Former Kamloops elementary school becomes temporary homeless shelter

On Nov.1, the Stuart Wood elementary school building will officially become a temporary homeless shelter in downtown Kamloops. The building has sat empty since June 2017.

Some residents concerned shelter will bring unsavoury crowd to the neighbourhood

Stuart Wood Elementary closed its doors in June 2017 and has sat vacant since. (Doug Herbert/CBC)

A temporary homeless shelter at the former Stuart Wood elementary school opens to the city's homeless the evening of Wednesday, Nov 1.

It will be open from 8 p.m. to 7 a.m. seven days a week until March 31, 2018.

The new shelter is considered the lowest barrier shelter in the city. Anyone can use it and its services, even if they're on drugs or alcohol.

Up to 50 shelter beds will be set up in the Stuart Wood school building each night. (Jennifer Chrumka/CBC)

Forty to 50 beds will be set up at night, but Christa Mullaly, the executive director of the Kamloops branch of the Canadian Mental Health Association, said no one will be turned away if they're looking for somewhere to spend the night. 

Glenn Hilke, the volunteer coordinator with the Jubilee Urban Movement and Partners program, said 100 people were without shelter in the middle of winter last year.

"This [shelter] hopefully guarantees that no one will get deathly ill or die because of having to live outside," he said.

In addition to beds, hot meals will be provided twice a day on site, and there will be an intake process, so organizers can obtain information about demographics using the shelter.

Public concern

At a city council meeting on Oct. 24, Kamloops resident Patty Pernitsky publicly stated her concerns about the shelter.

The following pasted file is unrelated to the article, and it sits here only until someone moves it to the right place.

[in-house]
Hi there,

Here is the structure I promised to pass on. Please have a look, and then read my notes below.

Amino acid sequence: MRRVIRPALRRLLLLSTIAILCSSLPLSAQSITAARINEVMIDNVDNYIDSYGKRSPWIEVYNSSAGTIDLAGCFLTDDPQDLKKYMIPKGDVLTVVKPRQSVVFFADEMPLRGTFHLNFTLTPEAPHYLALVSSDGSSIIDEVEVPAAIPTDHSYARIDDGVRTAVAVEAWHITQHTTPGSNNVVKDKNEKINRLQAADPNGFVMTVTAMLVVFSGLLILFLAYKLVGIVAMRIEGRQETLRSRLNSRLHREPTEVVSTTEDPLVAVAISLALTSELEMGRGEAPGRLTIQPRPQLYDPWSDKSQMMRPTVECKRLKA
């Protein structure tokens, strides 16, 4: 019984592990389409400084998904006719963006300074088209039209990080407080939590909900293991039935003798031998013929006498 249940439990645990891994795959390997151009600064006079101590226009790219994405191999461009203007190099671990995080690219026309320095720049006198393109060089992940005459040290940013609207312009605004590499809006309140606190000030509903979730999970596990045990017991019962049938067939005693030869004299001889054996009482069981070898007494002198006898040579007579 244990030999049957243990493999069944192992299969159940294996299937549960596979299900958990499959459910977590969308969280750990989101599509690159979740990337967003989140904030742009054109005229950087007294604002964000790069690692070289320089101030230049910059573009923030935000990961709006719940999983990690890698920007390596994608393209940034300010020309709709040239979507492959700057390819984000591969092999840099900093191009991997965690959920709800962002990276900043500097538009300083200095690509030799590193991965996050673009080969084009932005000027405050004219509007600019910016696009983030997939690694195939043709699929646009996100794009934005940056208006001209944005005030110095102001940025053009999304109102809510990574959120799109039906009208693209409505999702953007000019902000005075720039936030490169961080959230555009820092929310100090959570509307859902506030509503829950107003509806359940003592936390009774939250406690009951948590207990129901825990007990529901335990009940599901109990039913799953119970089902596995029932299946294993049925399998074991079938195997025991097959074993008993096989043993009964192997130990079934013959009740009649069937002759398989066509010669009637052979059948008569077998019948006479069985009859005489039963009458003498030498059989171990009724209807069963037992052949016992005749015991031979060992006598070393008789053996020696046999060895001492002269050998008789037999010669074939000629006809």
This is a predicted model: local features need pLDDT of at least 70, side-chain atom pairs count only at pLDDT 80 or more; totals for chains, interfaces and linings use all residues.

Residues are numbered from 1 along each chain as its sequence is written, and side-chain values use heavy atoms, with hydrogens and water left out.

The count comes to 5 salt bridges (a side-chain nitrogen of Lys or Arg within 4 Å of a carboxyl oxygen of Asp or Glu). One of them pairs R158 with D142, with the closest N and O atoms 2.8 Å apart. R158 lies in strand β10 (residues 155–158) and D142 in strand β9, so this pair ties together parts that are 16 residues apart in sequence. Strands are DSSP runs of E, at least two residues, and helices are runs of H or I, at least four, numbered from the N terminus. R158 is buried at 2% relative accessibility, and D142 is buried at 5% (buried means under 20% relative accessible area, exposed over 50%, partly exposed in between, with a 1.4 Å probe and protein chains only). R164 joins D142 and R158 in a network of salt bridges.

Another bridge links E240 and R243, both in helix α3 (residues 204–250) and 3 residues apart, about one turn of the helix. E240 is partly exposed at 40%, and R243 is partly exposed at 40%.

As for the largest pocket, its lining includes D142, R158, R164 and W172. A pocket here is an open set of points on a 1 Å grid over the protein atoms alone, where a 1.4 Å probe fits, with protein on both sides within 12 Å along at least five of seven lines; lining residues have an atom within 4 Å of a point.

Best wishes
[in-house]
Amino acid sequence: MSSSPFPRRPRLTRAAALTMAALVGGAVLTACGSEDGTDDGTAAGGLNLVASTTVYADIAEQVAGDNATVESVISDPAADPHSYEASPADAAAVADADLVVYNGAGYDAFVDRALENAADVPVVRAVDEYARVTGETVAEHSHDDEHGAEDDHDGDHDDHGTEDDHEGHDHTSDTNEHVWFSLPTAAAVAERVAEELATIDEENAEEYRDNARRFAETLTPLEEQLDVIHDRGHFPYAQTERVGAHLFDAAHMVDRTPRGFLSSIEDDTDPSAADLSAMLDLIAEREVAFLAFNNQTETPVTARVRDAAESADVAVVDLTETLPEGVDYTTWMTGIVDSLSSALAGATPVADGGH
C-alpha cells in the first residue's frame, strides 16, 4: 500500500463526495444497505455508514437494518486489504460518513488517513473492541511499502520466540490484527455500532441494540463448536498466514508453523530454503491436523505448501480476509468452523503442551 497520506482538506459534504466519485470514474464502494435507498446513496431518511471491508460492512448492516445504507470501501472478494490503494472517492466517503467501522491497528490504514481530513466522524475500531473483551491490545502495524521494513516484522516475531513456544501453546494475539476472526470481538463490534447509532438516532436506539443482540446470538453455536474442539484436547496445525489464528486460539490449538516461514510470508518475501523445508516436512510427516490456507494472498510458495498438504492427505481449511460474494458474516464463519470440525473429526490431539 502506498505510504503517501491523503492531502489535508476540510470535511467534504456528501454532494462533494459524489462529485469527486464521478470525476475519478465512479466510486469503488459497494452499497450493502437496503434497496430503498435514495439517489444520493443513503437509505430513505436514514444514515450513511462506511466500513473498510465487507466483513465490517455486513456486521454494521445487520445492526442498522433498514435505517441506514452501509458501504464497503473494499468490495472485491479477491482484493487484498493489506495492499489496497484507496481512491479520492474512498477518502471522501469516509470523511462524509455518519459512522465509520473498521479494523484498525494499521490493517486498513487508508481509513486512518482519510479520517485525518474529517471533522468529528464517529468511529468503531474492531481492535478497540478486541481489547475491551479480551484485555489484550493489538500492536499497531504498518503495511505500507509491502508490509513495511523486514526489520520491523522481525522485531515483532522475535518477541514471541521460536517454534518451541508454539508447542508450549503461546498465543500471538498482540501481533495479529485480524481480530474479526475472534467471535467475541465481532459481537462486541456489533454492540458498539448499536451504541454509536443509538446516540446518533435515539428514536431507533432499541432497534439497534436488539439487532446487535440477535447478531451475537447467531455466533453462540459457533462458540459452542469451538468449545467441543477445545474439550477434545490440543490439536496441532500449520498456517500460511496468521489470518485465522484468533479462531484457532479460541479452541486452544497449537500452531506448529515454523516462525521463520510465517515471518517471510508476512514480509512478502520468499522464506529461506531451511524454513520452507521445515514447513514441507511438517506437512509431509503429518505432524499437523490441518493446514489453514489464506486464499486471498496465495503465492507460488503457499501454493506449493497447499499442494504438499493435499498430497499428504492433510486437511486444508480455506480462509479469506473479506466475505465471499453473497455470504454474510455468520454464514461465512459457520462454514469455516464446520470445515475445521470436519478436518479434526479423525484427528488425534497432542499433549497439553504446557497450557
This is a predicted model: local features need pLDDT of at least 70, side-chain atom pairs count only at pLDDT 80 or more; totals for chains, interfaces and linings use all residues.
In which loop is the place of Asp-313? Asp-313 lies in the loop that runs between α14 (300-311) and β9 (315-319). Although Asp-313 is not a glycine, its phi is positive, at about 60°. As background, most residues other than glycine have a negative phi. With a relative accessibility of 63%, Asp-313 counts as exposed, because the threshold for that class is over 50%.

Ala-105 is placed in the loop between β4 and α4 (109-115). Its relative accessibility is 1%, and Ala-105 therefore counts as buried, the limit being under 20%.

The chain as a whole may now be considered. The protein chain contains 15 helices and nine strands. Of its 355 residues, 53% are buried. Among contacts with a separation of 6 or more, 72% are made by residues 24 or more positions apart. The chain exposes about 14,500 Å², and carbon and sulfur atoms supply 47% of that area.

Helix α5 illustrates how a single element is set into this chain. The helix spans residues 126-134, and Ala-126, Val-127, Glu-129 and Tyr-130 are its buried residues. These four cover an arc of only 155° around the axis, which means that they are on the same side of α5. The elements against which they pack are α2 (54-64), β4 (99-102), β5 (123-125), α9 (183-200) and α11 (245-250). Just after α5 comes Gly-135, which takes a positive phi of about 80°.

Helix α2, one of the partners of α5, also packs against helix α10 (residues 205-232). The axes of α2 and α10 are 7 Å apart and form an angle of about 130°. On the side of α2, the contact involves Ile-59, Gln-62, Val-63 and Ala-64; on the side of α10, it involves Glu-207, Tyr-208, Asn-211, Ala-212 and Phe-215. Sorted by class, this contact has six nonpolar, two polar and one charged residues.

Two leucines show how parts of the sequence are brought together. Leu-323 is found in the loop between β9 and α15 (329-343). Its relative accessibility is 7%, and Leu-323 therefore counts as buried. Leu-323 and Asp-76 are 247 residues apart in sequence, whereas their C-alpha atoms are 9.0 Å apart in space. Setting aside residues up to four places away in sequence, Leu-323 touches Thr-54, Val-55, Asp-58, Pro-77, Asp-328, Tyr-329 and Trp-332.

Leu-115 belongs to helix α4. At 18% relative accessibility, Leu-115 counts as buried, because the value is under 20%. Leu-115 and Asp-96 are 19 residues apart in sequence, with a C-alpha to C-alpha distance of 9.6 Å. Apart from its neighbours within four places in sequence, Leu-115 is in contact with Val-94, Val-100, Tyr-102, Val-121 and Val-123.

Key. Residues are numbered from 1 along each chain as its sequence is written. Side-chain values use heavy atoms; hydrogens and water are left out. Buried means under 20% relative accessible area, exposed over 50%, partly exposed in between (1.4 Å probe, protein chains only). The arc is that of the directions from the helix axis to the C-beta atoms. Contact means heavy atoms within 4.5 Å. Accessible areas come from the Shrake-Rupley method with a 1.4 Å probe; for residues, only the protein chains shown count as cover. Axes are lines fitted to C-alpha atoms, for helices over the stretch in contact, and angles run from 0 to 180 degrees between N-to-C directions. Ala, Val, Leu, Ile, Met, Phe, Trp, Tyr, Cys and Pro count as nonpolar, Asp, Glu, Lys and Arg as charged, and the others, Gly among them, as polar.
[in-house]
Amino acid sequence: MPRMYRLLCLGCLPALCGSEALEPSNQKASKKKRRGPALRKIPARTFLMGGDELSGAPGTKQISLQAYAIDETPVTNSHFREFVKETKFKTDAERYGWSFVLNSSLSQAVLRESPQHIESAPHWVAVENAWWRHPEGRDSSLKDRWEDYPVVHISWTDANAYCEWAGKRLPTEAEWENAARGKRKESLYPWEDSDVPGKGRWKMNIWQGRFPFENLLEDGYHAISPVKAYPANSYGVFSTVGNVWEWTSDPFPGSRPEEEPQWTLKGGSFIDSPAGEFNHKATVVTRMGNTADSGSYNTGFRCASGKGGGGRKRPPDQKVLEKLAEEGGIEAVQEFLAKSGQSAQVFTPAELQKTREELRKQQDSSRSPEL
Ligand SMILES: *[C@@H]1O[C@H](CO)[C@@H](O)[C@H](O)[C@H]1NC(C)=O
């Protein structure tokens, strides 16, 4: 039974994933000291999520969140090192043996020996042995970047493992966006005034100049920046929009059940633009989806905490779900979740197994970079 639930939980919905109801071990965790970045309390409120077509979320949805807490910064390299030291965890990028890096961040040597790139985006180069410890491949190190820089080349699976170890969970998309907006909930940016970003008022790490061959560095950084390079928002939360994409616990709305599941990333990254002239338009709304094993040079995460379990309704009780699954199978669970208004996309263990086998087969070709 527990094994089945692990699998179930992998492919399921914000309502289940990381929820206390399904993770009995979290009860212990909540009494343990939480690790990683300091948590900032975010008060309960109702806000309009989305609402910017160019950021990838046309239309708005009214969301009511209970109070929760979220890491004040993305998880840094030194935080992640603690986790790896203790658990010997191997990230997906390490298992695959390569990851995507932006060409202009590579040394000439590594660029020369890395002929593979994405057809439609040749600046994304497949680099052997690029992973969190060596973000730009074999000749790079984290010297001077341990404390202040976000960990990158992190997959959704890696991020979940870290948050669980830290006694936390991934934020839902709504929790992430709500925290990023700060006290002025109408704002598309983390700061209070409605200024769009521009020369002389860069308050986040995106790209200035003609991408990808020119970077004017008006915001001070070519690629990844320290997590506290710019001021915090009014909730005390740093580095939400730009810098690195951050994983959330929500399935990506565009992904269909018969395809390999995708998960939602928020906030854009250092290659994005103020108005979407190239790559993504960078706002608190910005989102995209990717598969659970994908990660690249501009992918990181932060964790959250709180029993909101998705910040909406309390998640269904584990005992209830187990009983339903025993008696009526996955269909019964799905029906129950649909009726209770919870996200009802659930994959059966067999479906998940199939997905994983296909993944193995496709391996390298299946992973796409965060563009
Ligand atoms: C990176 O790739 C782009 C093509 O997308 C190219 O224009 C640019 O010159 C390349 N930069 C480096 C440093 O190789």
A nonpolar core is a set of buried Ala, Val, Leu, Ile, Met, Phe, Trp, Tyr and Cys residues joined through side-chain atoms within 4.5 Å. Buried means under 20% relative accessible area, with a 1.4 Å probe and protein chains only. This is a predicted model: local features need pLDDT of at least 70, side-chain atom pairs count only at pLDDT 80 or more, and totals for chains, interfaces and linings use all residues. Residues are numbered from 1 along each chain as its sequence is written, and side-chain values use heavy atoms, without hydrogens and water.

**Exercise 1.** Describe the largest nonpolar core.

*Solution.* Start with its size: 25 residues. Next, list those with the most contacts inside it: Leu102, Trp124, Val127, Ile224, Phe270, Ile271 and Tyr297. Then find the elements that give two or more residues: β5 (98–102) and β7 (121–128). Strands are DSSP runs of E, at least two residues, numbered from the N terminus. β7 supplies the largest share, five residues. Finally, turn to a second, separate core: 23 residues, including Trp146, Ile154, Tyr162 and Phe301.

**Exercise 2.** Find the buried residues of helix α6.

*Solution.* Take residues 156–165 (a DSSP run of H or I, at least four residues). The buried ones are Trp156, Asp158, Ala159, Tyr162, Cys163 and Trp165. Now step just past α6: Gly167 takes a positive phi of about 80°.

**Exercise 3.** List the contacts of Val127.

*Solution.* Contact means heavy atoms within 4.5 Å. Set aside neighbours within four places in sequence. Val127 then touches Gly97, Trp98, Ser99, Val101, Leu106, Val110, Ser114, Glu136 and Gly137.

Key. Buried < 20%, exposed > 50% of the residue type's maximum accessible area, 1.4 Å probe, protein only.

"The public playground that is there is used in the mornings and afternoons by children that are attending [a nearby school]," she said.

A bus pickup and drop-off zone is located near the site.

"We already pick up drug paraphernalia daily off the playground."

Mullaly said the CMHA and the City of Kamloops are looking into having bylaw services stop by during the overlap between kids arriving at the bus stop and people leaving the shelter in the morning. She says staff will also be on-site at the shelter, indoors and outside, to monitor any inappropriate interactions.

"Our response is "keep talking to us about what these concerns are, because, for the most part, it's going to be cold out. Nobody's hanging around," Mullaly said.  "My hope … is that we have housing by next fall, so we don't have to operate another program like this in Kamloops."

Kamloops Mayor Ken Christian said Pernitsky is not the only resident who has raised concerns about the shelter.

"We have an obligation to look after those residents of the city that find themselves unable to be housed, and as cold weather approaches, this an interim solution," Christian said.

With files from Jennifer Chrumka and Daybreak Kamloops